REALITY CHECK: Witnesses repeatedly note that much of the damage may have been averted had Exxon not waited through three days of calm weather to react to the spill. When a storm hit, the oil rapidly spread into the crevices of 1,300 miles of coastline. On day four, Exxon spokesperson Don Cornett told the community, “You have had some good luck and you don’t realize it. You have Exxon, and we do business straight. We will consider whatever it takes to keep you whole.” A promise the company never fulfilled. A jury concluded that Exxon's clean up efforts were aimed more at appearances than effects. One Exxon official captured on tape at the time demanded the deployment of cleanup equipment stating, "I don't care so much whether it's working or not but...it needs to be something out there that looks like an effort is being made.... I don't care if it picks up two gallons a week.
EXXON claims: Exxon voluntarily paid $300 million to 11,000 Alaskans affected.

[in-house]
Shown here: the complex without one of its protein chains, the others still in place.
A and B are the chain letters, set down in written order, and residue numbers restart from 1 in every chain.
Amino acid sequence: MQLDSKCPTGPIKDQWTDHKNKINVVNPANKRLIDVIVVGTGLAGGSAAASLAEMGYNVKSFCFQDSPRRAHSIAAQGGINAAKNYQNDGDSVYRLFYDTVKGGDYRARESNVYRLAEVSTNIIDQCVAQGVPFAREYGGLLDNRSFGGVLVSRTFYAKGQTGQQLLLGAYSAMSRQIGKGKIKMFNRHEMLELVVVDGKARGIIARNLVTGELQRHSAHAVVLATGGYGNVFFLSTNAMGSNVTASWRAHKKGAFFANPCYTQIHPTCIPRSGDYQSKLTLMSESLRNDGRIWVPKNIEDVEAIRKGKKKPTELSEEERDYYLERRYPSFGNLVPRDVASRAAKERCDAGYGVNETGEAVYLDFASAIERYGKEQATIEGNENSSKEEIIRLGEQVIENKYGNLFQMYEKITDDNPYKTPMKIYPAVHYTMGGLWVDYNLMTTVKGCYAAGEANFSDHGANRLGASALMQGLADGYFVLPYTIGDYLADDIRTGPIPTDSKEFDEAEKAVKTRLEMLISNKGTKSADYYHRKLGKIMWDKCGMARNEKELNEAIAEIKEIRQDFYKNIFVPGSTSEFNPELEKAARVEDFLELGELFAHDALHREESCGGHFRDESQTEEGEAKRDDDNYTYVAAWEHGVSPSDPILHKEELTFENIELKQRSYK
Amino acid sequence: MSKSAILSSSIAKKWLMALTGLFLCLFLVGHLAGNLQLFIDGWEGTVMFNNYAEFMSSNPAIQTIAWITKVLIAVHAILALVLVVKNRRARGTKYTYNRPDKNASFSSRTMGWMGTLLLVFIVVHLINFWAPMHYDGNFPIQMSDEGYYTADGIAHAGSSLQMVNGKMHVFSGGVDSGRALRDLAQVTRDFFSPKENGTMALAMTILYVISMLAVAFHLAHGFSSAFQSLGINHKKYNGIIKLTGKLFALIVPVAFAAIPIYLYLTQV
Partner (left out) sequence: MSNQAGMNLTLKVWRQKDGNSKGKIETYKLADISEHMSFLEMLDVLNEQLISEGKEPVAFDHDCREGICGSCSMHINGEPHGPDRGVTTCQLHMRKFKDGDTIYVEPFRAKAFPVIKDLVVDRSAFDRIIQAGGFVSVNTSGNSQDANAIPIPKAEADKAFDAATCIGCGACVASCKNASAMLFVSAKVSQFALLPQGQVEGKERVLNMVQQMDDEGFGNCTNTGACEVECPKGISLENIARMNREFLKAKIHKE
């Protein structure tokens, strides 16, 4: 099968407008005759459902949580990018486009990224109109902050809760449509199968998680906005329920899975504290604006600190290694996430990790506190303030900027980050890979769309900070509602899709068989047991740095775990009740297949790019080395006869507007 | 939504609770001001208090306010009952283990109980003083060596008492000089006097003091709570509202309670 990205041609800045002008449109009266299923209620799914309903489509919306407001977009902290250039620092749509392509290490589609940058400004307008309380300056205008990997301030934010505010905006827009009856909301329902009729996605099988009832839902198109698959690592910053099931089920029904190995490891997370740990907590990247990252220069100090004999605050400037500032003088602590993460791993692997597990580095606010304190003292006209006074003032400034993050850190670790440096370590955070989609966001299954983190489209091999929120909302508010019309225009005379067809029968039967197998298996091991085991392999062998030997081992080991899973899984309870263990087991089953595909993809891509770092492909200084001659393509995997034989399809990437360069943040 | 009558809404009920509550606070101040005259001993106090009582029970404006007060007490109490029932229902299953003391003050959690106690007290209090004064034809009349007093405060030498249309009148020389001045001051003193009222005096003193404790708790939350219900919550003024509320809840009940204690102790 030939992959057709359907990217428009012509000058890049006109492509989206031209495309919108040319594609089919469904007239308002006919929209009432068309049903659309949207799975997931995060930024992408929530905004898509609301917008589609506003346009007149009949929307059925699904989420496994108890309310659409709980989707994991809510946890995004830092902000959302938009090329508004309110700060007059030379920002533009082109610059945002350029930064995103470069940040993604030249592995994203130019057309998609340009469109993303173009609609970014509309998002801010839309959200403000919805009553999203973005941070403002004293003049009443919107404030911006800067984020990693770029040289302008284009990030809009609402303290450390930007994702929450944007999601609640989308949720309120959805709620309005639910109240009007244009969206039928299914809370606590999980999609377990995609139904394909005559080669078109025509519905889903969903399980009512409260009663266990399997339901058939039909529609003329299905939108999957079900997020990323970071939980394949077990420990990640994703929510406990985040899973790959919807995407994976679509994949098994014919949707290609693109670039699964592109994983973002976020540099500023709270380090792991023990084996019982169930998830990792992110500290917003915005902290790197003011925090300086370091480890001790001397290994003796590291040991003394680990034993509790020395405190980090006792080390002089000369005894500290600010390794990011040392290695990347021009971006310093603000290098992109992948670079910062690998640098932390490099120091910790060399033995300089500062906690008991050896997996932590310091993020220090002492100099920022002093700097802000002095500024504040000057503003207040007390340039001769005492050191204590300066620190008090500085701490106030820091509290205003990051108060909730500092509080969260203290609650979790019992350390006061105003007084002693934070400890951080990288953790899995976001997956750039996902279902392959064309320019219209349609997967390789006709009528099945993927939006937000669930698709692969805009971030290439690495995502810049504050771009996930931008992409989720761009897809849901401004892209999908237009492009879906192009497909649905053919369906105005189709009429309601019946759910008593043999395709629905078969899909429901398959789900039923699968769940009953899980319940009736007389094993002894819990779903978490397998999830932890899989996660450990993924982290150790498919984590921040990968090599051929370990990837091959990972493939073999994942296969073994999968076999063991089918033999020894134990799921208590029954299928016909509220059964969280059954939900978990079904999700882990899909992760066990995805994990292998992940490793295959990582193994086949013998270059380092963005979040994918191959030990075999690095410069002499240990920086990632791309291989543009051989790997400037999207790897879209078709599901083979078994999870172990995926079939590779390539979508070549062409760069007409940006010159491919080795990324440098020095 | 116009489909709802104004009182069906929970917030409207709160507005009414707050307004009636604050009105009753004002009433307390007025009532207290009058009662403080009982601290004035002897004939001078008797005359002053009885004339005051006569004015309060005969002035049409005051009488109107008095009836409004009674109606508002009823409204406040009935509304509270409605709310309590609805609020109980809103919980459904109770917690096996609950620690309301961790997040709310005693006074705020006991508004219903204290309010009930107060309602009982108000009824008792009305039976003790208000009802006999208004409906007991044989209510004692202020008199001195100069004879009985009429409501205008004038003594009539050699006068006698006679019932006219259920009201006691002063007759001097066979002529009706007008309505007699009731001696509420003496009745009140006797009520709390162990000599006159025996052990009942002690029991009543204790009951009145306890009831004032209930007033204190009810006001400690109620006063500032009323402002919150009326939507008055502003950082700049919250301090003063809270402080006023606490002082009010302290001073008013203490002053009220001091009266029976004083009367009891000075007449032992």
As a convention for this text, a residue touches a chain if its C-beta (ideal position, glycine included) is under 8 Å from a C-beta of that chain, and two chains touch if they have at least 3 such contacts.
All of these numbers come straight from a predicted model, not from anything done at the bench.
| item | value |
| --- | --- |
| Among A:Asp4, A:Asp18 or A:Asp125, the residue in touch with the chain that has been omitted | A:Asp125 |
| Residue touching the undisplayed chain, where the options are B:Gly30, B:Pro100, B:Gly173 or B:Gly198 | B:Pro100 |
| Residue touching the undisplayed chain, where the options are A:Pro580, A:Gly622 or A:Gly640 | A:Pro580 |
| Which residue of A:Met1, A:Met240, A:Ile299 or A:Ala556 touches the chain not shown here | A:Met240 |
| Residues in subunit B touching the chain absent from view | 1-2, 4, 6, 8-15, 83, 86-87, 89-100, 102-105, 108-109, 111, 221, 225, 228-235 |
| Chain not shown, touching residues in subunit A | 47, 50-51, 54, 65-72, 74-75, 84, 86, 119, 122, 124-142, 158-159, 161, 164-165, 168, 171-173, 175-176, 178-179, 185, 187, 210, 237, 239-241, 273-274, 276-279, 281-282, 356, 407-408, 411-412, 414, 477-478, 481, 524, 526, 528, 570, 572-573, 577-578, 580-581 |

REALITY CHECK: Exxon set up advanced claims offices and paid $300 million in early payments. ExxonMobil has not compensated the other 33,000 victims who formed a class action lawsuit and have never received a dime. Some 6,000 plaintiffs have died since the 1994 court-ordered damages were first awarded. In Sept 2006, the fishing community held a commemoration in their honor and again demanded Exxon pay the punitive damages.
EXXON claims: Exxon spent $2.2 billion on clean-up.
REALITY CHECK: The damage to the area was profound and deterrence has yet to be established. Much of Exxon's $2.2 billion was covered by taxpayers and insurance companies. Exxon sued its insurer, Lloyds of London, and recouped $250 million for cleanup expenses and $161.1 million in interest. The federal jury was not told about the lawsuit but it was told that Exxon’s voluntary cleanup payment should weigh heavy against a high punitive damage award. An investigative reporter with the Dallas Morning News found that the company wrote-off more than $2.8 billion in taxes for spill-related expenses before 1994 (Curriden, Dallas Morning News, 3/14/99).